When you're first gaining traction in your career, you're at a very exciting--and vulnerable--time. You want to soak up as much knowledge and experience as you can, avoid making any mistakes, and follow in the footsteps of your business idols. Unfortunately, this usually leads to taking pieces of advice that don't necessarily apply or work the way they were intended.

To highlight this, I've gathered seven pieces of advice I hear all the time, and why you shouldn't take them too literally:

1. Come up with a five-year plan

There was a time when companies grew slowly, career trajectories were concrete, and you could rely on your job being there for as long as you wanted to stay. Back then, having a five-year plan was a near must, but those days are long-gone. Today's millennials are natural job-hoppers, and for good reason--today's economy is more volatile, companies spring in and out of existence quickly, and there's no telling what opportunities wait for you around the corner. You can come up with a five-year plan if you want, but it isn't going to help you jump on those rare, important opportunities that arise in the meantime.

2. Always say yes

Saying "yes" is associated with a can-do attitude and a perpetual willingness to take on more. Both of these are seen as admirable and promotion-worthy traits in a traditional office setting. But think about the consequences of saying yes all the time--you'll take on more work than you can handle, possibly overextending and burning yourself out, or possibly failing due to your lack of experience in the matter. Plus, if you say yes all the time, you may appear over-eager, and more interested in keeping up appearances than doing what's best for the company. Learn to say no when appropriate.

3. Work as hard as you can

Hard work is important, and it's good to push yourself--to a degree. Overworking yourself can be destructive, both for you and whatever company you're a part of, especially if done chronically. It's imperative to take breaks and vacations, so don't force yourself into 80-hour workweeks just because you think it will look good to your bosses.

4. Education always pays for itself

This is true, but only in certain contexts. This doesn't mean that you should rush out to get your Master's degree (which could cost you $100,000 or even more, depending on the program), nor does it mean formal education is inherently better than learning something yourself, through experience. Anecdotal evidence of self-made millionaires who never went to college should be enough to prove that you don't need a fancy or expensive program to learn important skills. This is especially true today with so many free online course offerings and open-source learning resources available.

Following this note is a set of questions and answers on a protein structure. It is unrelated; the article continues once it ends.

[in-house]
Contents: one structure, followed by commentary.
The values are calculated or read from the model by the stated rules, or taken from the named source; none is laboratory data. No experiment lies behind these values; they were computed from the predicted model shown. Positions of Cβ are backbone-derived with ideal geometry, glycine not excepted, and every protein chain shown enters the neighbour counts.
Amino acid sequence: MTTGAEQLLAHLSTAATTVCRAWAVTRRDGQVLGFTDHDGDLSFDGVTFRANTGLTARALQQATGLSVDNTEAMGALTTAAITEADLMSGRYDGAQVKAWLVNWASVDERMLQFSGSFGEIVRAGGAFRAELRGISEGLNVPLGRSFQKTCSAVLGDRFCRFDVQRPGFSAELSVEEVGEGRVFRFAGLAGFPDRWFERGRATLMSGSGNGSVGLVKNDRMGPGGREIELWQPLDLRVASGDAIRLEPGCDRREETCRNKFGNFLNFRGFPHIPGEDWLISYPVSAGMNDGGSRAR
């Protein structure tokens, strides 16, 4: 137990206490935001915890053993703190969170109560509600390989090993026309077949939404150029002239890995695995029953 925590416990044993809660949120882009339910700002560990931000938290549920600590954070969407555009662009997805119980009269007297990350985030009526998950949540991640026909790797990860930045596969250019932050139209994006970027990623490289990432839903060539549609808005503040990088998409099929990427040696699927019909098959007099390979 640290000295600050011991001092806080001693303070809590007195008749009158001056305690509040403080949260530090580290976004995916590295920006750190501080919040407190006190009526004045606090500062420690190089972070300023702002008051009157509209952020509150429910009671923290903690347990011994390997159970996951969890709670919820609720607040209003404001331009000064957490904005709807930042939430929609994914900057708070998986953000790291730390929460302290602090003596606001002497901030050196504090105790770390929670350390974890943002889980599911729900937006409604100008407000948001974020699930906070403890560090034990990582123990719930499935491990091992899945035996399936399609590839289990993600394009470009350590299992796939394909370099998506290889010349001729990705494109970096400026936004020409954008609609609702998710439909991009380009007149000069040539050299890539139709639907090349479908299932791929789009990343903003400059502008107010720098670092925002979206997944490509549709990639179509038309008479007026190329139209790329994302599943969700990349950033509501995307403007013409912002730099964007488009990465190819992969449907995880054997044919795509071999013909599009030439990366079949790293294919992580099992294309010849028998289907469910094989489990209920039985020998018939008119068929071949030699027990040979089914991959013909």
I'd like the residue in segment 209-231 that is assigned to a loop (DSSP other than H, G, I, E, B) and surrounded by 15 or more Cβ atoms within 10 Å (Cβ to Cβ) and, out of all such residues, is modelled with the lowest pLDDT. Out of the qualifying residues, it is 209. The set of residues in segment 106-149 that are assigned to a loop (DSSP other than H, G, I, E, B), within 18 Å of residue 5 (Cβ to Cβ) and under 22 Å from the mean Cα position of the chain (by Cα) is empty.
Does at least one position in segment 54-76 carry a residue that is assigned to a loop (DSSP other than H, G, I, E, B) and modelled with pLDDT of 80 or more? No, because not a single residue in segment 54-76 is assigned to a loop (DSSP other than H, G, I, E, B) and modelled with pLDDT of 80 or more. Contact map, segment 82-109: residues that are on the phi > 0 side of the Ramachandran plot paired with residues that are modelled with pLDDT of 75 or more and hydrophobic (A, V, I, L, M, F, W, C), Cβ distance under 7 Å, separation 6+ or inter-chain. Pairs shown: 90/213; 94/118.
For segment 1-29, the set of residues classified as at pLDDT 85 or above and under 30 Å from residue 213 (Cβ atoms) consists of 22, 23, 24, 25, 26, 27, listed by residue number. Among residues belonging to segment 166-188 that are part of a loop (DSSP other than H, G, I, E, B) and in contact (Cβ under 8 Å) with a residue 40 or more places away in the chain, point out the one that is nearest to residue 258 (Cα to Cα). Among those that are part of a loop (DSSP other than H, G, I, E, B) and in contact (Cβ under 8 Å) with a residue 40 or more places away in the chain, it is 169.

5. Follow your passion

Famed entrepreneur Mark Cuban has spoken out against this one. Everyone has a passion, but that doesn't mean those passions will make you money, or that they're beneficial to someone other than you. It's good to be passionate about your work, but the inverse property isn't necessarily true; don't just assume your passion will eventually pay off if you keep working at it. Find a practical outlet, or find a new passion.

6. Be the first to arrive and the last to leave

This is old-world advice originating with the idea that the hardest workers are the ones who stand the greatest chance to succeed. But think of it this way; just because you spent 12 hours at the office doesn't mean you spent 12 hours working. Staying on the clock isn't naturally impressive to most bosses or supervisors; you need to prove your worth with measurable results.

7. Let your work speak for itself

Speaking of which, you've no doubt encountered this phrase at least once in your burgeoning career. Unfortunately, it's not very practical. Your bosses and supervisors aren't looking at you under a microscope, analyzing your every action, and even if they were, they wouldn't go out of their way to reward you every time you do something good. Instead, you need to go out of your way to prove yourself, and show off your work; performance reviews are excellent opportunities for this. Don't just let your work speak for itself--speak up for your work.

These pieces of advice aren't necessarily wrong, nor will they lead you in a totally wrong direction. However, they can be taken too literally, especially in today's era. You should never put too much stock in any one selection of advice, either--some of the most successful entrepreneurs of our age got to where they are because they broke the rules and deviated from the norm. Instead, take the advice that makes sense for you, and don't be afraid to go your own route.